Korean Sign Language is an official language in South Korea, finally.

Taeyoon Choi
3 min readJan 3, 2016

My friend Christine Sun Kim asked about the new law that made Korean Sign Language official in South Korea. There hasn’t been any media coverage in English yet, so I did a quick and rough translation of two articles.

Article 1

Dream of the deaf (hearing or speech impaired), the enactment of the law of Korean Sign Language comes to reality.

The National Assembly met in the 31st and passed “Korean Sign Language Standard Policy”, “Sign Language Bill”, “Korean Sign Language Bill”, “Sign Language and Deaf Culture Standard Policy” which is merged as <Fundamental Law of Korean Sign Language>.

The proposal consists of the national and regional policy and the enactment for education of Korean Sign Language, promoting and distributing information to create a better environment to use KSL. Every five years Korean Sign Language Improvement Planning and every three years, research and investigation of the use of KSL for the deaf need to be conducted.

Also, to preserve and improve KSL, it needs to be researched continuously and there needs to be an educational environment where the disabled person can learn KSL early on. To promote KSL, public organization, and KSL related corporations and organizations are to be assigned as the KSL educational center and their operation will be financially supported.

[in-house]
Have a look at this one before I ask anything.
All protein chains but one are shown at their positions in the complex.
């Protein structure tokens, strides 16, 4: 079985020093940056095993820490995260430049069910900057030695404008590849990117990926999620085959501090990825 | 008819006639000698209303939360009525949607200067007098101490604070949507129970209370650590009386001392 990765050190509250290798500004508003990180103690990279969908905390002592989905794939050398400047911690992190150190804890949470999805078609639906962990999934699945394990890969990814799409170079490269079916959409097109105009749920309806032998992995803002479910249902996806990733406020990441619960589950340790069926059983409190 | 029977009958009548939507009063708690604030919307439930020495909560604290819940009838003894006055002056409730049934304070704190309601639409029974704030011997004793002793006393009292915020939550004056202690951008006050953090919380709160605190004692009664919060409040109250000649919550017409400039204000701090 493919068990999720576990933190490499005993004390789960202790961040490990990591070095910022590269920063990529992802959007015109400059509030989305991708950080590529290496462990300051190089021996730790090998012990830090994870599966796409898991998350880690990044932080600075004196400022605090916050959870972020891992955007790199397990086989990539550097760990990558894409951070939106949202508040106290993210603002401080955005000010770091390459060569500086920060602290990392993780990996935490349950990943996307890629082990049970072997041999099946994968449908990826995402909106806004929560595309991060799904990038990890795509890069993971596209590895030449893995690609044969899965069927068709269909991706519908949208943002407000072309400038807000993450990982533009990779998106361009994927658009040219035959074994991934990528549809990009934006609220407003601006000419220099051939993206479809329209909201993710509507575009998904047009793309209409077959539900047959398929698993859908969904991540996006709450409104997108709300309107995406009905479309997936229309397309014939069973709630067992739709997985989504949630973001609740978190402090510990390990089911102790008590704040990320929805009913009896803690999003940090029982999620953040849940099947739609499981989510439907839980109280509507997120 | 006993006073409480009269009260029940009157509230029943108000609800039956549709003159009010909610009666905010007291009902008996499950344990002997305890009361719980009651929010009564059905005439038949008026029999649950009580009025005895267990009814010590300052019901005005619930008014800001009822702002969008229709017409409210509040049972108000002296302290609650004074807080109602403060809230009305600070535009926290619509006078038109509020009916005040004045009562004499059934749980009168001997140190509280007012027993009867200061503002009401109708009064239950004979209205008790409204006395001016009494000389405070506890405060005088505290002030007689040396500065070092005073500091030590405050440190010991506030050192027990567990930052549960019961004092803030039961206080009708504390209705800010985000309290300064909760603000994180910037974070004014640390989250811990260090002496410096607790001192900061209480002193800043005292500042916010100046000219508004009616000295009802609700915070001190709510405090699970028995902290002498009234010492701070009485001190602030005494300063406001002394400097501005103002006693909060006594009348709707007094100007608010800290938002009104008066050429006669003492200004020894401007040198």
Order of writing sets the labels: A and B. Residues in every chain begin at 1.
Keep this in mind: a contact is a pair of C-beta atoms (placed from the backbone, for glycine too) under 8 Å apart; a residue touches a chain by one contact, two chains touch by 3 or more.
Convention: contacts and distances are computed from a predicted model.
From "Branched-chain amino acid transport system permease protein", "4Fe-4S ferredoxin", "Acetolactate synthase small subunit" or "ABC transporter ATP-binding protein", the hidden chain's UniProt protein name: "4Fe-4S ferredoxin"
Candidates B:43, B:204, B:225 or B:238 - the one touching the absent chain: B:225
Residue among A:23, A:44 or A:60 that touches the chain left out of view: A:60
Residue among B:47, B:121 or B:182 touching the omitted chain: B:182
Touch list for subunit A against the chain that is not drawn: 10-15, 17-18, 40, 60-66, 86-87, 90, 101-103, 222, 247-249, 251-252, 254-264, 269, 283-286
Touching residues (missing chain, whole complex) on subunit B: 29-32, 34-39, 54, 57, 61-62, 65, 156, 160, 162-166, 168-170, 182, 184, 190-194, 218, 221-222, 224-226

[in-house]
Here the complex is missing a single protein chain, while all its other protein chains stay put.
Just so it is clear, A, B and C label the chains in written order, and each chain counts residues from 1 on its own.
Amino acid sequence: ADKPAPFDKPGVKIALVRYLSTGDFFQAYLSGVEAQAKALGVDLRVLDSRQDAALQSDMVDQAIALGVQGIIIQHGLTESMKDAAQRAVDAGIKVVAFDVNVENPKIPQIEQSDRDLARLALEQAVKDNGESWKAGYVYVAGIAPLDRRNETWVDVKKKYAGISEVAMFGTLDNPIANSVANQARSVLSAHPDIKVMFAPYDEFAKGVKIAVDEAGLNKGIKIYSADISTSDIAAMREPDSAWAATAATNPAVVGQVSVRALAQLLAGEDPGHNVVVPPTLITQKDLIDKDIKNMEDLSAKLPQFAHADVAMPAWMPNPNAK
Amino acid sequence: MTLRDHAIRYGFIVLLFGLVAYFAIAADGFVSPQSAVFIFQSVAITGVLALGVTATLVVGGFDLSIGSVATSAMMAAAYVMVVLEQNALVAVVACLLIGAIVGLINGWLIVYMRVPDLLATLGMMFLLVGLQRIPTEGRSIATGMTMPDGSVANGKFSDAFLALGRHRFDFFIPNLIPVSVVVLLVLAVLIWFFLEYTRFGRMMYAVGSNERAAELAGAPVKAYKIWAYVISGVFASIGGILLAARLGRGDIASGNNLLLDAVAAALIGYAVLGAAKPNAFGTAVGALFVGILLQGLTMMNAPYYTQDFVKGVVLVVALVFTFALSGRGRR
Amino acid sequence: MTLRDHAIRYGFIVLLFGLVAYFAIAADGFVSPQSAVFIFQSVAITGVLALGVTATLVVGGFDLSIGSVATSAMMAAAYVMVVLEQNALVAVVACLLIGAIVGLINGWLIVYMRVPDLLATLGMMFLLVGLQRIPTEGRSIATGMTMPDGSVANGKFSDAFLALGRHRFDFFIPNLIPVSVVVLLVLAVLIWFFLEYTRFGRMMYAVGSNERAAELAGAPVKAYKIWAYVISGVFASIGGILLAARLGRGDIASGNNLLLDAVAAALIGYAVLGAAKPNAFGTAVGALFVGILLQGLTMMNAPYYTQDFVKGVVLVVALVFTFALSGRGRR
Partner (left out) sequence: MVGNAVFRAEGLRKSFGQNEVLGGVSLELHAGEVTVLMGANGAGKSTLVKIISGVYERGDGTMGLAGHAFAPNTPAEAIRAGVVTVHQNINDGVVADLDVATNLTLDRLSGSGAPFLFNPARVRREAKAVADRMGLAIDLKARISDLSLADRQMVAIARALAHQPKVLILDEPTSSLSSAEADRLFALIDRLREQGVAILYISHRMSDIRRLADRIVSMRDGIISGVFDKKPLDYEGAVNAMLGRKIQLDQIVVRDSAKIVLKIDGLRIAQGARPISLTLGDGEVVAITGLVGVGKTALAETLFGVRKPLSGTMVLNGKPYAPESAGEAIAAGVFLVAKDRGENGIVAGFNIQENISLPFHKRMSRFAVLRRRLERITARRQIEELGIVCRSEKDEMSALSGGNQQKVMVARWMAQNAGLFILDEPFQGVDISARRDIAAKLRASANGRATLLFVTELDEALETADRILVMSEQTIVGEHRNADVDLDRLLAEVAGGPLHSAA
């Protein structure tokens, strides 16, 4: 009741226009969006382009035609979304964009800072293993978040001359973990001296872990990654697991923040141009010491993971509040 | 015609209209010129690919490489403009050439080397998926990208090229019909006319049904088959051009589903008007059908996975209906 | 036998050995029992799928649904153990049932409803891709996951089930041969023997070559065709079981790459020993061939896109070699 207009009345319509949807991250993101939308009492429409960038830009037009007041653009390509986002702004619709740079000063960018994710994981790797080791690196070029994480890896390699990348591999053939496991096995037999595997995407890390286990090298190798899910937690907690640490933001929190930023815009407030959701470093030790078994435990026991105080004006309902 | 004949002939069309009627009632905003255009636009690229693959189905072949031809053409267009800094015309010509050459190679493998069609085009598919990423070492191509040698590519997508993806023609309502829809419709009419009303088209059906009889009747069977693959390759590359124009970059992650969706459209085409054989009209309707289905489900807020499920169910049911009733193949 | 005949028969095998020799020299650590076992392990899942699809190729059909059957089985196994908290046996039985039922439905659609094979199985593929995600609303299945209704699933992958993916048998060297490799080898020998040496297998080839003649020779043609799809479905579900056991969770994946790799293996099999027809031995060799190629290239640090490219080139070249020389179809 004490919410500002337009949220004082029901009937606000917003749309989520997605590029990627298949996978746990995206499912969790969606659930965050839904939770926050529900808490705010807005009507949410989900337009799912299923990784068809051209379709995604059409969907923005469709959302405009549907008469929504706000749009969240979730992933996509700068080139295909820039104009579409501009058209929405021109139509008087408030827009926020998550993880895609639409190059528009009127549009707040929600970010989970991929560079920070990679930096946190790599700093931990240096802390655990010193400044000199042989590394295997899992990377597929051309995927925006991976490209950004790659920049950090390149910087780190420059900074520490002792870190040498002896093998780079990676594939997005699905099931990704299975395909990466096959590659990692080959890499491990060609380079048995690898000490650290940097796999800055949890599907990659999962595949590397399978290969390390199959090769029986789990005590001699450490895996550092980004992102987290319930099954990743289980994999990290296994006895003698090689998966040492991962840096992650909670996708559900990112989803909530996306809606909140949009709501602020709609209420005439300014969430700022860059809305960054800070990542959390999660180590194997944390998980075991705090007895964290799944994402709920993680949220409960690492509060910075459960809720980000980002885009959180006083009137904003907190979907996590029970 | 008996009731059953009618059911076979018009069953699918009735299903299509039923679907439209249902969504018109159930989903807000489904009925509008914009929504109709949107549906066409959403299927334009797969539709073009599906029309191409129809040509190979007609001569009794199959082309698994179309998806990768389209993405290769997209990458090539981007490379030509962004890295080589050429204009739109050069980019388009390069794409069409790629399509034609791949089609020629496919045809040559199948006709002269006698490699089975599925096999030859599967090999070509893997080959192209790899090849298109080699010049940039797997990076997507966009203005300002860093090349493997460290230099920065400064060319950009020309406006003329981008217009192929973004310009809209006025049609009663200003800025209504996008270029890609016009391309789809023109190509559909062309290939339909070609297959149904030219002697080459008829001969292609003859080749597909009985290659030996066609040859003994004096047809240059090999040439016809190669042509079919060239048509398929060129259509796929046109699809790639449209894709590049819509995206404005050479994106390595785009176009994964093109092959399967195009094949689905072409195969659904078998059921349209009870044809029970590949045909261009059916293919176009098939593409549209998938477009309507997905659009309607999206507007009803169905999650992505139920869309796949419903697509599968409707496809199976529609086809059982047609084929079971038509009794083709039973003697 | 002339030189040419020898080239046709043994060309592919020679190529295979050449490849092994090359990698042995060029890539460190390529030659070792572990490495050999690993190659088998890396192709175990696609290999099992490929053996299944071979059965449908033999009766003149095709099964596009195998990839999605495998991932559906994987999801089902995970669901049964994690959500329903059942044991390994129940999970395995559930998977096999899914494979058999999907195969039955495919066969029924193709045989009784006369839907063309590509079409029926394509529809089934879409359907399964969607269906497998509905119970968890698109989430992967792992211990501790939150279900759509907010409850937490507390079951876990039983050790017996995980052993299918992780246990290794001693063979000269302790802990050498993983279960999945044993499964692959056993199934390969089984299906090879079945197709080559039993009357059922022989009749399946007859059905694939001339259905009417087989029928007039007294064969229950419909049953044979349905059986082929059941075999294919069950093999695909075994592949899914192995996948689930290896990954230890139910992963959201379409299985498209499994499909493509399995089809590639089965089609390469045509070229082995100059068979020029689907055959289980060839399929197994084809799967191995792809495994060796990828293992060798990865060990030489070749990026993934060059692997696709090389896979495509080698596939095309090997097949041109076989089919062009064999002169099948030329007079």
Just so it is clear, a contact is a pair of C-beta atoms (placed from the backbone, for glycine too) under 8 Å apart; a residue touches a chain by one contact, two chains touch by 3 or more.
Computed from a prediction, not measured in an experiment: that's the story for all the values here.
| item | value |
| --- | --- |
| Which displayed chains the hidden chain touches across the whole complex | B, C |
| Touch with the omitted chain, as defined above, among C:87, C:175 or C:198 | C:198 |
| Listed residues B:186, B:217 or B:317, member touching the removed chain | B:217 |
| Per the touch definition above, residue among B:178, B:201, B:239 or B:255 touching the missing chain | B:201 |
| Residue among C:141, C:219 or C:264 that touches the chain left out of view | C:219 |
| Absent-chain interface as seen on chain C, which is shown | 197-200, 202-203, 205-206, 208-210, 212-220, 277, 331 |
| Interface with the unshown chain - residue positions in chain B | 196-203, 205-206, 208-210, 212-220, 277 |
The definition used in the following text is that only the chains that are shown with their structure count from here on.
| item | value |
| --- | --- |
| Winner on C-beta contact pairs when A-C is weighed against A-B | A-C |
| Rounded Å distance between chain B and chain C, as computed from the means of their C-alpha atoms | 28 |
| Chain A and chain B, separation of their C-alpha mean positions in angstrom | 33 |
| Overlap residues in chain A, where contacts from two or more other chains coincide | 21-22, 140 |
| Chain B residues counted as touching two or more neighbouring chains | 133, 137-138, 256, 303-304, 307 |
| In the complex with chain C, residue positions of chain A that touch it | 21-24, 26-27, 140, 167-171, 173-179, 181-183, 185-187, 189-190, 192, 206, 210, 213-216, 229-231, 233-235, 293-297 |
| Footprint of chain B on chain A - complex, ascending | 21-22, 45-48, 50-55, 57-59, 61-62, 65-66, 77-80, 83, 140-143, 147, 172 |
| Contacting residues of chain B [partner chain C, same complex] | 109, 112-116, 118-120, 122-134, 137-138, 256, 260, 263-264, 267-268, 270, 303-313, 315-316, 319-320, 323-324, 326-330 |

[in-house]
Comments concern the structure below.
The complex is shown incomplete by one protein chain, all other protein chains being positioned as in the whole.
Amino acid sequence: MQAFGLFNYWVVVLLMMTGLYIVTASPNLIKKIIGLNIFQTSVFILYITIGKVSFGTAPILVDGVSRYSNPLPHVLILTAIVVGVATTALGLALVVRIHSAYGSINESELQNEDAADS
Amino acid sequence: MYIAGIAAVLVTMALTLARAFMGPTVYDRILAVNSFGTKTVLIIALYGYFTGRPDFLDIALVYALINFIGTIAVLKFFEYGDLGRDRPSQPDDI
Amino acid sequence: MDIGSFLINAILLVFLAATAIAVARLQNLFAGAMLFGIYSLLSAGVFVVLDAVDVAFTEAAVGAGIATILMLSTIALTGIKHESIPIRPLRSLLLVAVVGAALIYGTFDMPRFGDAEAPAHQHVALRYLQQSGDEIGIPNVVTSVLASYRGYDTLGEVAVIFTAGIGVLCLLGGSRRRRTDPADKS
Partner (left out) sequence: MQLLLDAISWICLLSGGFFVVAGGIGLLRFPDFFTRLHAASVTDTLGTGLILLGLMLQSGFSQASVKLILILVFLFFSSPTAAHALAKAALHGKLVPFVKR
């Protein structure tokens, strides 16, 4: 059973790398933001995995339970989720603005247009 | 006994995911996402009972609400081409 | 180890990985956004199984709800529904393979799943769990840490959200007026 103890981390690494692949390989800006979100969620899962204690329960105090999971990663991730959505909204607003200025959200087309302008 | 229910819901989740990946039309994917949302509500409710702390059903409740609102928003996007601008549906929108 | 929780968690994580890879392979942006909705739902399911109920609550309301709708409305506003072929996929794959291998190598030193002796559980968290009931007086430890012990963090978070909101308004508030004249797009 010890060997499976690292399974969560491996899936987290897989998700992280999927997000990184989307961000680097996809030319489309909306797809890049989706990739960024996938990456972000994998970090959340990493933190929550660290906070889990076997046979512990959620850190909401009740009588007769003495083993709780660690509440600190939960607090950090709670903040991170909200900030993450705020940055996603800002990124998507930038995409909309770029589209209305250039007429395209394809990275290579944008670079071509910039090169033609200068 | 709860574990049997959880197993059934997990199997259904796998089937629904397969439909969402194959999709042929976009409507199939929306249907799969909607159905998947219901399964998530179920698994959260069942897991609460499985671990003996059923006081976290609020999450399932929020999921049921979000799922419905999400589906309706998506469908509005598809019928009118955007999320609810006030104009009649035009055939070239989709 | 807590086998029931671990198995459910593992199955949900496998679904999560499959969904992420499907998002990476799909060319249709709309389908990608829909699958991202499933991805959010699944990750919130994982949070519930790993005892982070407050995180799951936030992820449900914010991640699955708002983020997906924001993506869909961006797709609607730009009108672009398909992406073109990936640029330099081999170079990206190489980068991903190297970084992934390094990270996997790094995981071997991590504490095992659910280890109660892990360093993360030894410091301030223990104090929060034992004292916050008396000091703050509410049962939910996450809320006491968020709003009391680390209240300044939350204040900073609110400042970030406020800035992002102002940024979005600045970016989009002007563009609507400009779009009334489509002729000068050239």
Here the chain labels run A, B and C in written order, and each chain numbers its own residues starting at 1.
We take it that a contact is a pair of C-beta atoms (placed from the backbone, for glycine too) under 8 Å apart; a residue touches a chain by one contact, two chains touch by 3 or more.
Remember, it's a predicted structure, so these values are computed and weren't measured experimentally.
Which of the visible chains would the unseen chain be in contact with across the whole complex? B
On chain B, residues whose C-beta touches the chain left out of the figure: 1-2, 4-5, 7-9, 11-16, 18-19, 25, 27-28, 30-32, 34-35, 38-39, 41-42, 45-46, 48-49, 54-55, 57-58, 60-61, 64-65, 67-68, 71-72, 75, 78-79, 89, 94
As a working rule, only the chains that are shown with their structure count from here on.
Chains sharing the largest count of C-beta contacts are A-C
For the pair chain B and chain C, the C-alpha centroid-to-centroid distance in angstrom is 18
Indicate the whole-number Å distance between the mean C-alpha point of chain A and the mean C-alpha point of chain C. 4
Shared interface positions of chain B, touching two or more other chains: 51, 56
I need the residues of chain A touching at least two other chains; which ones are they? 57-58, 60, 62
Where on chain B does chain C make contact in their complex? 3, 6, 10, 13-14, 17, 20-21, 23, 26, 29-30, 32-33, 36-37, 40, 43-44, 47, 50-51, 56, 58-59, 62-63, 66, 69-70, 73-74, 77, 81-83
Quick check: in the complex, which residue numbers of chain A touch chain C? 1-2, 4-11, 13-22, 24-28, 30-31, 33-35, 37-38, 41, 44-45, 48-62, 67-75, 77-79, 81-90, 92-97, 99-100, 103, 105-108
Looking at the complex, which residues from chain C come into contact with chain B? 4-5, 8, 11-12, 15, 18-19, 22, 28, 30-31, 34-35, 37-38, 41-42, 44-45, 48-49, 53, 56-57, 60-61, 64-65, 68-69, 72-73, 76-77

Article 2

Korea Deaf Association Inc. established an initiative to the enactment of the fundamental law of Korean Sign Language in September of 2008. And eight years later, on the last day of 2015, the bill has passed the National Assembly.

The enactment of the fundamental law of Korean Sign Language is made possible not only because of the efforts from the Korean Deaf Association but many supporters in the disability community who have been wordlessly advocating for the change. Countless people have helped with the campaign, from one-person protests to many who signed a petition to enable the use of Korean Sign Language as the fundamental law.

This acknowledgment of Korean Sign Language is not a Disability Welfare Law, but it’s a law to protect language rights. This will bring slow but sure change to many of us in the deaf community using the minority language, facing discrimination and enduring unfair situations.

The language barrier that we, the deaf community, have experienced is too numerous to count in our life time.

It begins with the disconnection with the family, violation of the right to education, constraints in the profession, or even in a small exercise of rights as a member of the community. We had to live with the difficulty of communication throughout our lives. Thus, we created our own culture within The Republic of Korea, calling ourselves Citizens of the Republic of Deaf, in order to support and take care of each other.

The enactment of the law of Korean Sign Language affirms that those of us in the deaf community who can not speak Korean can speak in our own language of Korean Sign Language, and it’s not merely a gesture, kick or movement. Now, we look forward to policy changes that will grant us the equal rights of language as the rest of Korean citizen.

With this enactment, we hope it’s a beginning of rights to language and language welfare, which has been put aside and have not been considered meaningful in this society until now.



Taeyoon Choi

immigrant. art. tech. learning. accessibility. inclusion. Co-founder @sfpc. fellow @datasociety. artist http://taeyoonchoi.com